TV & Film Composer Tree Adams to Release 'Elements 4' Ft. Bassekou Kouyate

Set to debut on March 28th, this groundbreaking symphony is expressed through four movements representative of the four roiling elements - Air, Earth, Fire and Water.

By: Mar. 04, 2024
TV & Film Composer Tree Adams to Release 'Elements 4' Ft. Bassekou Kouyate
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The esteemed composer Tree Adams has announced his latest masterpiece, the upcoming release of "ELEMENTS 4."

Set to debut on March 28th, this groundbreaking symphony is expressed through four movements representative of the four roiling elements - Air, Earth, Fire and Water. It is through these movements that Tree sonically explores the human impact of climate change and our struggle to innovate and survive.

Tree Adams is no stranger to pushing musical boundaries. He is an award-winning, internationally renowned composer who has amassed an enormous and diverse body of work in film, television, and music. 

His credits range from the epic, and fan loved sci-fi score for Jason Rothenberg's 'The 100' to more contemporary scores for popular series like Belushi, Legends, NCIS New Orleans and NCIS Hawai'i, Lethal Weapon, Redemption Road, Californication or Swelter to name a few.

He also is a founding member of the popular NYC jamband The Hatters, as well as produced songs for Grammy Award-winning artists like New Orleans legend Cyril Neville, blues musician Taj Mahal and rapper YG. And most recently launched a new project Dagnasterpus, spawned from his love of New Orleans and his time spent there while working on the NCIS show.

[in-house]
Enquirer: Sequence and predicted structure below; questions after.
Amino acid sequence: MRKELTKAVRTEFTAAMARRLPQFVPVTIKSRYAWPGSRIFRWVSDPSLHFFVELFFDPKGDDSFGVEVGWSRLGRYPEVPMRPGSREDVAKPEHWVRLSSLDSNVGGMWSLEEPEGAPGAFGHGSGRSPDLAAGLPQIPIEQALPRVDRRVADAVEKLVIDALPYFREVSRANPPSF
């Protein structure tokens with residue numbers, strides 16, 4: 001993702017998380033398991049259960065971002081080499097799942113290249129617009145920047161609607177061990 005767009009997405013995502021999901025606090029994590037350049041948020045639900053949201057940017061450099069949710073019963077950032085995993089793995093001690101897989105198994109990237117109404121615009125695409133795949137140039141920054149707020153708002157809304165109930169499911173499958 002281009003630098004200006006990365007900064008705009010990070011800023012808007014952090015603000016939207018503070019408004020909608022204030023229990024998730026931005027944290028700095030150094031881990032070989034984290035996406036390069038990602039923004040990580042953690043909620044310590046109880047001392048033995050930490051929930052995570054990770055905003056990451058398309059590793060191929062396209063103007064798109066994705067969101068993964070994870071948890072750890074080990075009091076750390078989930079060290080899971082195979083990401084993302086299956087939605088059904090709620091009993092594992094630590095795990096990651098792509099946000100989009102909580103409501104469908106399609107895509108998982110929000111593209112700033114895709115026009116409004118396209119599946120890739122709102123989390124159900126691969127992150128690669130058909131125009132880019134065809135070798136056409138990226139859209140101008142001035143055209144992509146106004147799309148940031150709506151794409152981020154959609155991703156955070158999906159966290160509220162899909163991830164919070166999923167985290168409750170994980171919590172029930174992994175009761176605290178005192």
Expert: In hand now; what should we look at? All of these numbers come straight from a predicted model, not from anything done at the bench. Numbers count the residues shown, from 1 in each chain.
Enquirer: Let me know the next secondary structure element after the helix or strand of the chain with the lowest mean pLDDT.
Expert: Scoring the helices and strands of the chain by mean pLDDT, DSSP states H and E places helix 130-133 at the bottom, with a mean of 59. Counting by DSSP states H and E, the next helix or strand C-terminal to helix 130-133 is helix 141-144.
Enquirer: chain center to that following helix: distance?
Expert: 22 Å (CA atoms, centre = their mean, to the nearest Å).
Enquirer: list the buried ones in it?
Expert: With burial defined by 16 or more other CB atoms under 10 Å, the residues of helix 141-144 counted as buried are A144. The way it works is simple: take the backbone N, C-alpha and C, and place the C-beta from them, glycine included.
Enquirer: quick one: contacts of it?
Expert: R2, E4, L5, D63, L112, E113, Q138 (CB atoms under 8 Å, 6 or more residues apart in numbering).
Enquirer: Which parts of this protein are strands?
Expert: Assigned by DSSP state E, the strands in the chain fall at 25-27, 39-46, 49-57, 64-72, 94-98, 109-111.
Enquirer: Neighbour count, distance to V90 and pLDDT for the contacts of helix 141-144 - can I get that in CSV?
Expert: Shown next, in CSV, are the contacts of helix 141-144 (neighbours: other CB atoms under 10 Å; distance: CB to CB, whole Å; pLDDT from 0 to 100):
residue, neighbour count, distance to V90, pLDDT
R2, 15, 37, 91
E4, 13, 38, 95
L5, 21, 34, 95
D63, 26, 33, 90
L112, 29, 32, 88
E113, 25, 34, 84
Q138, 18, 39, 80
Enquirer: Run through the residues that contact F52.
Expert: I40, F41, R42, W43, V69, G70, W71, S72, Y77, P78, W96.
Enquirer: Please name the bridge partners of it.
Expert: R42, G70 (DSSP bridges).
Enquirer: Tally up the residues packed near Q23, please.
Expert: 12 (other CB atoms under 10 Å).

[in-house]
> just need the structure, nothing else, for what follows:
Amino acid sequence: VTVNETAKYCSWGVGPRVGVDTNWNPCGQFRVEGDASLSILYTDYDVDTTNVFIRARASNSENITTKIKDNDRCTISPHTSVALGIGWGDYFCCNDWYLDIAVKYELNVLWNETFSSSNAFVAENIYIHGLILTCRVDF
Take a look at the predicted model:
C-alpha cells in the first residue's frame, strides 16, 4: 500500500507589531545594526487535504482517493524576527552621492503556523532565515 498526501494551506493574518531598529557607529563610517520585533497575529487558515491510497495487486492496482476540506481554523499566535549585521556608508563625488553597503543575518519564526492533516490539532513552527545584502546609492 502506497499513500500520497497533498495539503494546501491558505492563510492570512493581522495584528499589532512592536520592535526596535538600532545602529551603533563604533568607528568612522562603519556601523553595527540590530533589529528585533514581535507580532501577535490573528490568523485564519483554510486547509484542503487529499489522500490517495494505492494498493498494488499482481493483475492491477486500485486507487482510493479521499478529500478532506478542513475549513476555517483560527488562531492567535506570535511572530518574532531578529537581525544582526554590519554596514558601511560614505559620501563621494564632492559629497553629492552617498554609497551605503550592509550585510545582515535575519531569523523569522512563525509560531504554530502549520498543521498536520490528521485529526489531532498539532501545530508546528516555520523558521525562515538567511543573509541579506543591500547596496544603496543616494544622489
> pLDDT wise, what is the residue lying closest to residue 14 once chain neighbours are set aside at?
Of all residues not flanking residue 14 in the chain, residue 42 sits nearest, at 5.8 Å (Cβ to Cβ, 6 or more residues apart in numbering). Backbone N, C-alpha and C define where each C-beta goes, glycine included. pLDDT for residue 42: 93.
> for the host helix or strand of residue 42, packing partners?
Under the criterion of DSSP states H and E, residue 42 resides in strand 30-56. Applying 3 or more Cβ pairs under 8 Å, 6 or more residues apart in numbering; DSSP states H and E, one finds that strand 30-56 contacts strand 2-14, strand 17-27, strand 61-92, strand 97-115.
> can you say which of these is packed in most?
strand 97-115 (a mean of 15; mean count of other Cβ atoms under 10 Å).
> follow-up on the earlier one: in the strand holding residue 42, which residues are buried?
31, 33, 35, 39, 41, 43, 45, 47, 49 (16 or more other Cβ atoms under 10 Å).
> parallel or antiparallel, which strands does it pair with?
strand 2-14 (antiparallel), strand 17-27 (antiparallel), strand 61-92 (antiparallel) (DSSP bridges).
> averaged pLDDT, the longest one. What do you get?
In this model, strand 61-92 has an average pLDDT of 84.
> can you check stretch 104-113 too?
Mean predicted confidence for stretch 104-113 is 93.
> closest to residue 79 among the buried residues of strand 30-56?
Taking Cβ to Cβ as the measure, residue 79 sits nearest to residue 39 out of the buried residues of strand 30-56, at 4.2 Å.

With such a prolific body of work, Tree Adams has cemented his talents in a variety of genres but classical music was his first. Included within his musical lineage is his grandfather, the accomplished violinist Seymour Solomon who co-founded the esteemed Vanguard Records along with his brother, Maynard Solomon. Maynard was a musicologist and famous author most known for his biographies of Beethoven and Mozart.

Tree's father is the notable jazz drummer Chicken Hirsh who played with blues legends Lightnin' Hopkins and Sonny Terry and Brownie Mcghee, and was a member of Country Joe and The Fish. Enveloped within this musical childhood, as a young boy, Tree Adams started with classical piano and recorder under the tutelage of his grandmother Ruth, an accomplished classical pianist.

From her, he learned of Wagner, Prokofiev, and Shostakovich and fell in love with storytelling in music. Now in a compelling return to his roots, Tree has unveiled one of his most ambitious compositions to date with the transcendent symphony “Elements 4.” 

Inspiration for the new record struck Tree during his trip to the Biennale in Venice in late 2023. While visiting the exhibition, Tree learned of the innovative works that architects and engineers are developing to create a more sustainable and equitable future.

He recalls, “Their work gave me a new feeling of hope and a belief in the resilience of humankind. I was inspired to capture this feeling (along with the wonder, the mystery, the tension and the horror of climate change) musically in a large work with international scope like a symphony and then I began to search for a construct that might fit the traditional 4 movement format. Later that week my wife and I walked past a church where they were performing the 4 seasons and we had the idea why not approach the climate change issue through the lens of the roiling 4 elements and our struggle to innovate and survive. Hence the title “Elements 4.”